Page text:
After, we take a tram to a neighborhood called SoHo. From the upper deck of the tram we watch the roads and signs scroll smoothly past, moving from the clean and professionally designed towers of Central to a distinctively “seedier” vibe, bike delivery guys weaving the cabs and tram tracks, coat tails billowing.
Soho is perched in the foothills of Hong Kong’s mountains, and the narrow streets rise in a sharp outline. But there’s no need to hike because outdoor escalators ascend the path, past open-faced bars and restaurants. Sanoop explains this is an ex-pat hangout, and there are lots of Italian and Mexican eateries, Irish pubs and sports bars. We clamber off the escalator onto a cozy street, a little restaurant with a red-painted wood awning. It’s Manchurian, a region to the north of China: more meat and potatoes than fish and rice. We dive into an excellent meal of sautéed eggplant, spicy bean curd, beef and noodle soup and roast leg of lamb.
We finish the night tramping a few sets of stairs to a lower terrace, perhaps rowdier, with open aired bars and men hawking neon glowsticks. We settle into a cozy, dark lounge with marble tables and plush chairs and sip cocktails.
A conversation strikes up about Hollywood films, Oscar season, and worthy contenders. We bounce from Titanic’s success to Leo and Kate’s reunion, Revolutionary Road, and the tragedy it entails. The pressures of children verses travel and married life, and Steph reveals how we feel these same pressures.
And even when we return from this trip – this dream of Pacifica – we’ll return to those same trials and pressures, once again brought into focus.
Feb 19: Hong Kong
In the morning it is overcast and humid but we force ourselves to lace up and go for a jog in Victoria Park, dodging the elderly practicing their Thai Chi.
We check out and head off to a Dim Sum place a girl told us about last night – MetroPol.
It’s a sprawling floor of little tables in white table cloth, full of local business men on lunch, ladies pushing around carts stacked with steaming bamboo bowls. We’re still wary and unsure how to order, but when the first lady comes by, revealing the various dishes. I point to a basket, what looks like glazed orange or sesame chicken. When she sets it on the table and marks our card with the purchase, I see that it’s chicken *feet*!
Steph is disgusted and I chuckle about it. Even some nearby businessmen have a laugh at my expense. I’m willing to give it a few nibbles – a tasty, spicy sauce with the texture of fatty cartilage. We manage to order some decent steamed pork buns, beef dumplings and fried spring rolls, but by then Steph has had enough and we pay our bill and shoulder our bags.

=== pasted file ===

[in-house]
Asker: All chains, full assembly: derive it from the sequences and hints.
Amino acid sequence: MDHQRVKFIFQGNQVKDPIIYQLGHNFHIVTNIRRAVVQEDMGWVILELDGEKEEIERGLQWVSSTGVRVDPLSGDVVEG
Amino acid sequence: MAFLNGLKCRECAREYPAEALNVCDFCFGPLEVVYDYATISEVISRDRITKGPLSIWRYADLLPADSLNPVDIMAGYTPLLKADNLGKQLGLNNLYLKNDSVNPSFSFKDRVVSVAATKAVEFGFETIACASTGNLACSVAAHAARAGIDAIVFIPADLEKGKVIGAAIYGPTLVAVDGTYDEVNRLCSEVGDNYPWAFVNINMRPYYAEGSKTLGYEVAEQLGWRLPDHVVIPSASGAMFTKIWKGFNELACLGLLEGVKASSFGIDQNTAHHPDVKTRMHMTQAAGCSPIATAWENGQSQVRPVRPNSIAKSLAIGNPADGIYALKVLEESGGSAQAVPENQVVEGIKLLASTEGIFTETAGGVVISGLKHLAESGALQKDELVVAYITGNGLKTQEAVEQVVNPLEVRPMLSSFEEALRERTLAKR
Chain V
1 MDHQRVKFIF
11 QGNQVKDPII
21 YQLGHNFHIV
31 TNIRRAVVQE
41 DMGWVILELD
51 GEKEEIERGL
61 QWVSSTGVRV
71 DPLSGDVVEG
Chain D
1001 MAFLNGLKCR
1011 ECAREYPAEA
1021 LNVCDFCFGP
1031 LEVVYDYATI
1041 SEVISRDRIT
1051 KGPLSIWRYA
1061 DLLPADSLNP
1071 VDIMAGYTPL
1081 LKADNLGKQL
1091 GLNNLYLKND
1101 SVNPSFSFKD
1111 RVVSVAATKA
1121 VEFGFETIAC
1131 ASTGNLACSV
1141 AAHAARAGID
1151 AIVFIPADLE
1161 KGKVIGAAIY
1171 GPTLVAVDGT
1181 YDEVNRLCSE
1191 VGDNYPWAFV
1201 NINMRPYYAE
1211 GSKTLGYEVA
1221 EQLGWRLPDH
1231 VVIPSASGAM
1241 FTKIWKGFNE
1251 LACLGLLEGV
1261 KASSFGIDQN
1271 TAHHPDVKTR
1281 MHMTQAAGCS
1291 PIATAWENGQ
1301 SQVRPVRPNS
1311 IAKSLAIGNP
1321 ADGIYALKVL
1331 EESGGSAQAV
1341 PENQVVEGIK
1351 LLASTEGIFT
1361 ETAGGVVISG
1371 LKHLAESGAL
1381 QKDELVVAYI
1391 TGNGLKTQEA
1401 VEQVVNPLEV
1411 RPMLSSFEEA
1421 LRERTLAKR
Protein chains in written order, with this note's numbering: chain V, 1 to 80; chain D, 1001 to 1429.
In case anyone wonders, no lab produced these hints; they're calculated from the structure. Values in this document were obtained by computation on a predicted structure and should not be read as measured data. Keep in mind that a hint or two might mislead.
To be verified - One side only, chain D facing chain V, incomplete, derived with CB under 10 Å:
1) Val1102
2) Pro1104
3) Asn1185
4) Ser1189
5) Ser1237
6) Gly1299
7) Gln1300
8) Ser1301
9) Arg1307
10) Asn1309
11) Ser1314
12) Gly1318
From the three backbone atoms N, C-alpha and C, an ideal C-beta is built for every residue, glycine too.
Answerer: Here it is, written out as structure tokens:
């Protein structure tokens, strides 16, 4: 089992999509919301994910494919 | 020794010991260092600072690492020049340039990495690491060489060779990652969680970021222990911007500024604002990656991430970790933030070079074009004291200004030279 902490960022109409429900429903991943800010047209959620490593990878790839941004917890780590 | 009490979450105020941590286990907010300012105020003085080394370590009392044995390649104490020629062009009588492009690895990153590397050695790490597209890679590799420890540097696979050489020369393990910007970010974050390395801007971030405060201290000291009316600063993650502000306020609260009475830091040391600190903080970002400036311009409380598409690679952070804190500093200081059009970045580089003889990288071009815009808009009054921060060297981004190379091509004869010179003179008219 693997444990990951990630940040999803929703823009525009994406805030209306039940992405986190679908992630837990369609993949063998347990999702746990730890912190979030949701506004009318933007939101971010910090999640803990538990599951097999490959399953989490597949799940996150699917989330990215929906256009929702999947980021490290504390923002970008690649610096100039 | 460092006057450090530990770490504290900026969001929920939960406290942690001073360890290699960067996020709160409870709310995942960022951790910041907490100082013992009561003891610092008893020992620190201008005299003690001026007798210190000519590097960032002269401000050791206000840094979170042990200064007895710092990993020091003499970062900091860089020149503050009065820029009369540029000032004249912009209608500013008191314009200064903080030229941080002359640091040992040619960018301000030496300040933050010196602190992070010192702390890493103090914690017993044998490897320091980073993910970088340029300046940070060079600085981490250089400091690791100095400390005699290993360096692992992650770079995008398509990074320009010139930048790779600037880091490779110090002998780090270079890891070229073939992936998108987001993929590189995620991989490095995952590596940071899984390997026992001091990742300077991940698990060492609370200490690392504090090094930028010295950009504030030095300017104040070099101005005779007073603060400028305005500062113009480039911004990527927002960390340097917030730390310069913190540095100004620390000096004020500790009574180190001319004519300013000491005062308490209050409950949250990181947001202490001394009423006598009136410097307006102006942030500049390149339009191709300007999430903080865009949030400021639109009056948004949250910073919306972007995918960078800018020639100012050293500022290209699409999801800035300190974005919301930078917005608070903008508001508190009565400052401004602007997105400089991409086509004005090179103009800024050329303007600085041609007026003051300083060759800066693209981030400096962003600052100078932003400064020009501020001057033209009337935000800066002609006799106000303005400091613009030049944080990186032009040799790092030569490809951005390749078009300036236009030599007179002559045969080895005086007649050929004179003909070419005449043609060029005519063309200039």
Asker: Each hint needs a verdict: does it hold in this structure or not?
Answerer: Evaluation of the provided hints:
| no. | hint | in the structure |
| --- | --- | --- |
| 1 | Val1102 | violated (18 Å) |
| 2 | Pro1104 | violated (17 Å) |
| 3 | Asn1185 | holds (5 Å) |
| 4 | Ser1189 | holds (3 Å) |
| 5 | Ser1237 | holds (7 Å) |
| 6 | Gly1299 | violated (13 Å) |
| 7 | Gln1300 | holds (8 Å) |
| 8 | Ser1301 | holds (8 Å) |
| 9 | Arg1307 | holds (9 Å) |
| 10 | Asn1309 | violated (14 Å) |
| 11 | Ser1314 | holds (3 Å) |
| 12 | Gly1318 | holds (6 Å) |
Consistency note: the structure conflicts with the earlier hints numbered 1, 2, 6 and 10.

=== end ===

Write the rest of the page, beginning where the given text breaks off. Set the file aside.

The rain has relented and there are patches of blue between the clouds so we wander around Admiralty, all the big skyscrapers gazing down with their unique facades.
Maneuvering and traveling as a pedestrian in this city is interesting. Instead of crosswalks in the grid, there are complex and tiered bridges and stairways, connecting the public parks to the foyers of office buildings, then to the open aired shopping centers and malls, all linked with smooth escalators feeding into mass transit.
We ride the peak tram to Victoria Peak, a rickety car that climbs an impossibly steep slope, all the passengers pressed into the backs of their seats.
At the top is a small village of restaurants and shops, nestled amidst lush jungle and designer luxury homes. We walk a path that rounds the peak, moist from the morning rain, watch a film crew focus on two young, well dressed stars – probably some show like Gossip Girl Hong Kong. They recite dialog against the backdrop of Central, the harbor, Kowloon and distant mountains shrouded in brown smog. From here the view is spectacular but the pollution is tangible.
The backside of the island is mountains in the mist and big ships at sea, moving imperceptibly under the glare of the afternoon sun, the whole scene painted a blinding duotone of yellow and silhouette.
We’ve begun to get into the flow of moving through this city, riding the correct escalators and exiting from the right passageway (Victoria Park). When done right there is this choreography, this dance of people persisting in this metropolis, marching up the circular pedestrian roundabout and down the escalators, swarming the streets in dispersed, wide droves when the signal turns green and the audible click picks up speed, a ratcheting velocity…
Now we sit in our lobby, the grand piano playing Disney film scores, and we wait and watch night fall across the cityscape, the chandeliers coming into focus in the big glass reflection, a night-time dazzle.